Mmmh...I'd say no but it also depends on the specific system(what kind of protections it offers for example).

 

 

Anyway nice update.

Edited by Living One
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Probably someone has already thrown that out, I'm not going to read the whole thread right now, but the stamina/health system that you guys are planning might give good opportunities for light/heavy armor tradeoff.

 

Heavy armor would impose a stamina penalty while significantly reducing health loss when hit. Light armor doesn't affect stamina but when you're hit, your health suffers more.

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2. We want any character to be able to wear any piece of armor, because you would be able to do that IRL. How you perform in that armor depends on other stuff, but putting it on should be possible, even with the lowest of low INT.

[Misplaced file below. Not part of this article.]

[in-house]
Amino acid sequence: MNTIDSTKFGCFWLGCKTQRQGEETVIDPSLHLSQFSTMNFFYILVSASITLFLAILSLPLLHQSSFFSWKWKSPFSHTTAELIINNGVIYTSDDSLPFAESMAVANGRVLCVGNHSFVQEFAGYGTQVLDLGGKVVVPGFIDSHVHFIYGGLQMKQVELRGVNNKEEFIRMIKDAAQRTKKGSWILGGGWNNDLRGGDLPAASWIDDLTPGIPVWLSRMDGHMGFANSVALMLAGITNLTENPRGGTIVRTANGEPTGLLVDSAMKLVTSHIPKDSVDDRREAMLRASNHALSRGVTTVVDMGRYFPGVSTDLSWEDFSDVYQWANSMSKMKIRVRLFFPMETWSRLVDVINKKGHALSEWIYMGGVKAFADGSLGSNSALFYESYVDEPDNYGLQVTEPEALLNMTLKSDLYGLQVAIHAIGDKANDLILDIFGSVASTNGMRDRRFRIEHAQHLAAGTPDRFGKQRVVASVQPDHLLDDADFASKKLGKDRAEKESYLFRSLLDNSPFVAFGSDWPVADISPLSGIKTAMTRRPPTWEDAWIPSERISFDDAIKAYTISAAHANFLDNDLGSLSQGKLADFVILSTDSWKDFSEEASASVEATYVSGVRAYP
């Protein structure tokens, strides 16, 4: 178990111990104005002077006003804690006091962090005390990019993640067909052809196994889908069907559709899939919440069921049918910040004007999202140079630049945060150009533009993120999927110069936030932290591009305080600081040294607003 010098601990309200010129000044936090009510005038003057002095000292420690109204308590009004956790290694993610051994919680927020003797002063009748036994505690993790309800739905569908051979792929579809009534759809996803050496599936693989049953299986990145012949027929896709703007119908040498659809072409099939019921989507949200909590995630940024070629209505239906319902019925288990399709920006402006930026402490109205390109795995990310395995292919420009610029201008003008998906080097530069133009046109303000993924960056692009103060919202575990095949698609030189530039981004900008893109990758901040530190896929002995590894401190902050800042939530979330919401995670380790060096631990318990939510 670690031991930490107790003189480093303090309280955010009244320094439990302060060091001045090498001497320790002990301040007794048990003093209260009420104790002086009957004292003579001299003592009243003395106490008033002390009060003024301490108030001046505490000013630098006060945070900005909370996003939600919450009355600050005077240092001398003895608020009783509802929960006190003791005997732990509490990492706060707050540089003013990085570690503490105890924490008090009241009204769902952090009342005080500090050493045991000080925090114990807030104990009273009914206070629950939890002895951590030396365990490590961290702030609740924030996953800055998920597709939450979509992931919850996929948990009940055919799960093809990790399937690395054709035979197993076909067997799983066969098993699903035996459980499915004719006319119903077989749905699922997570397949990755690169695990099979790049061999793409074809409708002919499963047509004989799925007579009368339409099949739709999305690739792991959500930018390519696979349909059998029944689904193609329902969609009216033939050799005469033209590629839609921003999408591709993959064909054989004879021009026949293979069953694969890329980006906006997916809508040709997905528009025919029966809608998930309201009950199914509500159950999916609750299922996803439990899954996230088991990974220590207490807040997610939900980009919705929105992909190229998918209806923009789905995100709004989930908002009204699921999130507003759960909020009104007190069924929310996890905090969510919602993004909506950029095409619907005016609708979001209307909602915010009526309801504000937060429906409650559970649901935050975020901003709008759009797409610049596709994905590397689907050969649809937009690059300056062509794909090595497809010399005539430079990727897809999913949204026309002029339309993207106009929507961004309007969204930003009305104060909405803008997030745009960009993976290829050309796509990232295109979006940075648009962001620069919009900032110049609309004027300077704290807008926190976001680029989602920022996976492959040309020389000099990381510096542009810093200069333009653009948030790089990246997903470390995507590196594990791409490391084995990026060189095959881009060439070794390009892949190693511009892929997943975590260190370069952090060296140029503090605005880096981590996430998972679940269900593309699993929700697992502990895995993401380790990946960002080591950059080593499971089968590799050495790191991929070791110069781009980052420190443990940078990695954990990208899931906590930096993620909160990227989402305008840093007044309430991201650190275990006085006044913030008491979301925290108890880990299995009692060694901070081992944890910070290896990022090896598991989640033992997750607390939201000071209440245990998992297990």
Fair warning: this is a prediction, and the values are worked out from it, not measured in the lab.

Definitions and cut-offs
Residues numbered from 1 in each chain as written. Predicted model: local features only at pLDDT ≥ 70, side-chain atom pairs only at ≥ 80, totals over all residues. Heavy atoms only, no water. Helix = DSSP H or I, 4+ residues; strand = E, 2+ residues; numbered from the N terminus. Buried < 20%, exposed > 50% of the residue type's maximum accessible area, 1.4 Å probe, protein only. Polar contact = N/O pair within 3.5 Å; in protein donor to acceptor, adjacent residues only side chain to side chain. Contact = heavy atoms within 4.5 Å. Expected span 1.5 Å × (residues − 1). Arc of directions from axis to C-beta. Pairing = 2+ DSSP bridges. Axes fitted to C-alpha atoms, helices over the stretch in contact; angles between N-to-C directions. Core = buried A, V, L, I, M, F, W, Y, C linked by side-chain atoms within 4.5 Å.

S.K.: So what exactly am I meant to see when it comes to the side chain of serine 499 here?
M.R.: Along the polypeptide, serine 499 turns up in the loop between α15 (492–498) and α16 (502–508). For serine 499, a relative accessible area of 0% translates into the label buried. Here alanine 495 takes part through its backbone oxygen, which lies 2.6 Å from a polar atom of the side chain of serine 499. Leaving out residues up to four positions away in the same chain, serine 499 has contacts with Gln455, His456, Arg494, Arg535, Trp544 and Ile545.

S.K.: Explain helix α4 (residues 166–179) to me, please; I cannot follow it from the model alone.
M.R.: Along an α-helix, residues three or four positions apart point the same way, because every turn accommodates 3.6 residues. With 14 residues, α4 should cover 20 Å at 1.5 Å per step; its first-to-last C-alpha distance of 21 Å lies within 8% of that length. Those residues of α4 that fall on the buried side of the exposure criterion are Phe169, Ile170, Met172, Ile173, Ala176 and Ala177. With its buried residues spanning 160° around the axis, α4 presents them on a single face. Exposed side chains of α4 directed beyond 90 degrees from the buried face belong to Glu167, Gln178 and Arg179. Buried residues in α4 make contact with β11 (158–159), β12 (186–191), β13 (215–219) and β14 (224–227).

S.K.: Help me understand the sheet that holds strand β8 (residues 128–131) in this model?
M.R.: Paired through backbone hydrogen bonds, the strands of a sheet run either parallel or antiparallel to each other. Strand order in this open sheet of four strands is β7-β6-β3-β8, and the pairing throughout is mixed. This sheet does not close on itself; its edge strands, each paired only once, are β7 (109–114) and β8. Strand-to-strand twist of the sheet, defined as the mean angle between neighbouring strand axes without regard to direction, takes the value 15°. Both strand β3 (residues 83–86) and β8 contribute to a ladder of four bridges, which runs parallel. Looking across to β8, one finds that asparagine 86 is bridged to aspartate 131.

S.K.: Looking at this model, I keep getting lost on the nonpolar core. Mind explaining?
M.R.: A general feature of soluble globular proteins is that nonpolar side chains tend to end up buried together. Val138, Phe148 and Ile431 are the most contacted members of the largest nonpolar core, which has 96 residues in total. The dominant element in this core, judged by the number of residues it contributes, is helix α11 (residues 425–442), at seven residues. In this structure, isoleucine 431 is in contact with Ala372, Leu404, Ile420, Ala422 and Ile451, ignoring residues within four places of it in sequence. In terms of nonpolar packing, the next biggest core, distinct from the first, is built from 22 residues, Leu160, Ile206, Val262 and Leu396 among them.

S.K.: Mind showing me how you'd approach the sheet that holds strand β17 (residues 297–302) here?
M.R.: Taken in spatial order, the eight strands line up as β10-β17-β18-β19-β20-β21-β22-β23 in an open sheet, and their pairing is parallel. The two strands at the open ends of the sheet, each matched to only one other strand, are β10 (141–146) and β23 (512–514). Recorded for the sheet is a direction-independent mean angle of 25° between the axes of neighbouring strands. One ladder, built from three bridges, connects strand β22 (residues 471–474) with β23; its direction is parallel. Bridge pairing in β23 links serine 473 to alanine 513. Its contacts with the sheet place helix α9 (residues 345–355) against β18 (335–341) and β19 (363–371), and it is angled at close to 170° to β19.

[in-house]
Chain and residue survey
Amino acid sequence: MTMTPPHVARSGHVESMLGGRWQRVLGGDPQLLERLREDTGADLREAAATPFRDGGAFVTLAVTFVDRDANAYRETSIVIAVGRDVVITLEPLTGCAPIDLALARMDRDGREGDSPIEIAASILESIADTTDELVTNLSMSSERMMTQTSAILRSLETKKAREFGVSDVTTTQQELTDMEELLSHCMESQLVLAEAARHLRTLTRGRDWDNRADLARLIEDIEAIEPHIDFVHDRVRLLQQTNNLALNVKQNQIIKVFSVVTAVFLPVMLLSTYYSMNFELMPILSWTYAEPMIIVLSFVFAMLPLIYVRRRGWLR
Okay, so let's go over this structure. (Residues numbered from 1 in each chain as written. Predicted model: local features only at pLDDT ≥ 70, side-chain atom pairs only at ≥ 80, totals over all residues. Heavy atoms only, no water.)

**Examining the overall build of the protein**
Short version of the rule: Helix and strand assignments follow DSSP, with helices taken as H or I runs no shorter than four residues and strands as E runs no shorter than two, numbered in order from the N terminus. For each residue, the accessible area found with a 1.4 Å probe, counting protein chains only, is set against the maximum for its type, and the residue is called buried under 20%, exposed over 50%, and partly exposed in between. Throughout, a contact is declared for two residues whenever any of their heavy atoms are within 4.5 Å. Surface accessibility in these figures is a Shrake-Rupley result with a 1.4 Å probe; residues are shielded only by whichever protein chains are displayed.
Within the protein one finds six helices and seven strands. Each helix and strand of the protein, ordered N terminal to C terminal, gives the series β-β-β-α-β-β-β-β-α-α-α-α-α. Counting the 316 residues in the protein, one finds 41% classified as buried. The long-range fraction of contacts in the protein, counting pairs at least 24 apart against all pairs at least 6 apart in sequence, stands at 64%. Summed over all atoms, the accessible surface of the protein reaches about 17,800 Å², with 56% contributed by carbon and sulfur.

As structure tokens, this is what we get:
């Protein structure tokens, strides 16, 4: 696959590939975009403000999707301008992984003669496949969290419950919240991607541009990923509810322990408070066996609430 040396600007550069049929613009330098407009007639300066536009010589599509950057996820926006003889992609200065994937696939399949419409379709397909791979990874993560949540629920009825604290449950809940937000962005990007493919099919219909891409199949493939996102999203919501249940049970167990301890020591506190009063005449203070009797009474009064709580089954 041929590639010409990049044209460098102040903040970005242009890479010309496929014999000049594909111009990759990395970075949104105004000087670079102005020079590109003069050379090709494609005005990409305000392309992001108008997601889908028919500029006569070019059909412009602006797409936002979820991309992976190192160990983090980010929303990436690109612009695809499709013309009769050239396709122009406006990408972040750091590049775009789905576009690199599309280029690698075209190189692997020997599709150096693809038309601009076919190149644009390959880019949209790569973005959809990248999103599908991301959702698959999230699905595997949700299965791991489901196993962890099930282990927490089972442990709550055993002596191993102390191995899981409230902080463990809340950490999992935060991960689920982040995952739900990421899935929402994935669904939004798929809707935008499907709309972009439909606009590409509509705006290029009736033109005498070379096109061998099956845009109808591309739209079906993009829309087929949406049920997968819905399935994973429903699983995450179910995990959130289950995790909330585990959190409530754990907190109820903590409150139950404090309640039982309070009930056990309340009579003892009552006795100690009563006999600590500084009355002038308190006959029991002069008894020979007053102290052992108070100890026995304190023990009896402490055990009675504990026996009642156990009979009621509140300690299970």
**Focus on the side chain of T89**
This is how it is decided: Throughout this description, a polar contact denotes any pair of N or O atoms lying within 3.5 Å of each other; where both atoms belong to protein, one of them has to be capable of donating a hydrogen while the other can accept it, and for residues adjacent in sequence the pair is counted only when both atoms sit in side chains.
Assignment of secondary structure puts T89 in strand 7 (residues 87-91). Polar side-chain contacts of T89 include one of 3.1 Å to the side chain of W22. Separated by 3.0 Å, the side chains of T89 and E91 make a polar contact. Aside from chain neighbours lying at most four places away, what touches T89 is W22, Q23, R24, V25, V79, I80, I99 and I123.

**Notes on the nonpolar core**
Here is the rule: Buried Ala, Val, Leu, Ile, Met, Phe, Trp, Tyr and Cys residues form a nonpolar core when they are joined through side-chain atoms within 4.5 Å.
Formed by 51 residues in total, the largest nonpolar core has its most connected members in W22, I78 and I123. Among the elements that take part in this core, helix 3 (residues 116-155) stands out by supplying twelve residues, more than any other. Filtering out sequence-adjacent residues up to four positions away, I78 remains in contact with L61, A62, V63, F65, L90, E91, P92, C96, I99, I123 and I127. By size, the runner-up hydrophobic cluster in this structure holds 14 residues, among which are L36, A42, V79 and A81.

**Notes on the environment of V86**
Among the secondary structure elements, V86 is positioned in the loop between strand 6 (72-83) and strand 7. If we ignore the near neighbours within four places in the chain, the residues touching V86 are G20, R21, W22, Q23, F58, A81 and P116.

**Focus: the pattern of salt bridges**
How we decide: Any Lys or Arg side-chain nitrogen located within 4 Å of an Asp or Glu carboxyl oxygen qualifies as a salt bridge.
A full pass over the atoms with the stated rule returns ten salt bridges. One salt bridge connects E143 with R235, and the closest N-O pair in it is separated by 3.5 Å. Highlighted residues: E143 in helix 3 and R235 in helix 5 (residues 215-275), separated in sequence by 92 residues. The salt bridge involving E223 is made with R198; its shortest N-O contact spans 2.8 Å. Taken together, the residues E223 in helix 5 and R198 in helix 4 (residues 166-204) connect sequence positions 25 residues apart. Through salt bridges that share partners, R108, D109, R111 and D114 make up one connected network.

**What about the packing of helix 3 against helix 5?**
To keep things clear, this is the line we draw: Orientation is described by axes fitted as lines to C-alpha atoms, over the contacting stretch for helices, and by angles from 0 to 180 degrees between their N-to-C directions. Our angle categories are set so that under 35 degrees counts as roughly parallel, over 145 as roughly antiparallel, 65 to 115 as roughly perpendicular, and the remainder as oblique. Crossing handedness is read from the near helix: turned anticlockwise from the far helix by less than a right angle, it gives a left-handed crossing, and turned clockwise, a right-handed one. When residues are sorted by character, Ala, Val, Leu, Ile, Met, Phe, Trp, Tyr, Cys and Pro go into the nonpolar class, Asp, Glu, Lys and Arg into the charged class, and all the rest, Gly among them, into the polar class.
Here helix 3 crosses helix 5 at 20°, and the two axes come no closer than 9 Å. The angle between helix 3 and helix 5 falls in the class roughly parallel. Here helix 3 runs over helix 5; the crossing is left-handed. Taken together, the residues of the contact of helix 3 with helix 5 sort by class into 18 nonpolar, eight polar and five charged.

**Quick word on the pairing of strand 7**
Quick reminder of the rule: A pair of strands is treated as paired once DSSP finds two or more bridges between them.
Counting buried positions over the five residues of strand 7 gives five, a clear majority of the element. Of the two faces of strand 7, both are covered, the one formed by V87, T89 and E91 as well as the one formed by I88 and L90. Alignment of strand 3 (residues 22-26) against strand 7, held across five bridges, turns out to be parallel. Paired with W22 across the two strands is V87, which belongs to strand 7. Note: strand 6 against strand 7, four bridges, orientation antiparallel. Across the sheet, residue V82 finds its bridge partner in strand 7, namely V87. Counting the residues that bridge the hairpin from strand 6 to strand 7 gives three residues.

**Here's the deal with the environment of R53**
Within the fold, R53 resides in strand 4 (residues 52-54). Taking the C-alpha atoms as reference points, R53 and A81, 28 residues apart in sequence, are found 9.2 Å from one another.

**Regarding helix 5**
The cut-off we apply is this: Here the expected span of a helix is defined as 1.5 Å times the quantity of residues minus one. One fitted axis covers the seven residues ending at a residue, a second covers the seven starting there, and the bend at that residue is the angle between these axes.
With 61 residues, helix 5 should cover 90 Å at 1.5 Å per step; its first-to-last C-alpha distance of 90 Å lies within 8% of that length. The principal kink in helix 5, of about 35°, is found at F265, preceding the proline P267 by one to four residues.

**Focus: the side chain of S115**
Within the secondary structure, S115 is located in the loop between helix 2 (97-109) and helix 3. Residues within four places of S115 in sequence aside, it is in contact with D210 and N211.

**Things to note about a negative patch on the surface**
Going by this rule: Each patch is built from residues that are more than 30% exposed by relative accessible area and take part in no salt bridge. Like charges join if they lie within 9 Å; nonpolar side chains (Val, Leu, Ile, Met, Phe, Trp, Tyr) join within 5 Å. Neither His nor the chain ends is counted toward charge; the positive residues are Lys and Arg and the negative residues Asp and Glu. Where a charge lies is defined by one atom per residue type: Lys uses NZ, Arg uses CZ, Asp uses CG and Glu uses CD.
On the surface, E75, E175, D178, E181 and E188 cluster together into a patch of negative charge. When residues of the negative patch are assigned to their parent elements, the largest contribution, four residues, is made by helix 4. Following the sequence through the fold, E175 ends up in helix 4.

Hmm, "We"?

May I ask what exactly is the point of having that possibility? Am I correct to think that what you are saying is "We" don't want any restrictions whatsoever, not even INT ones... *but* minimum STR would still be required to put on a specific piece of armour? Well, isn't that a restriction? 99yo wizard with high strength (brawny wizards, sexy) wearing full plate? Why would "we" want that? Technically speaking one can eat soup with a fork, that's certainly an option, but is it really useful? Another natural step after lifting all restrictions on armour/weapon use would be to make one - universal - character class, some kind of multiclass fighter/mage/assassin, who would be able to use any weapon or piece of armour.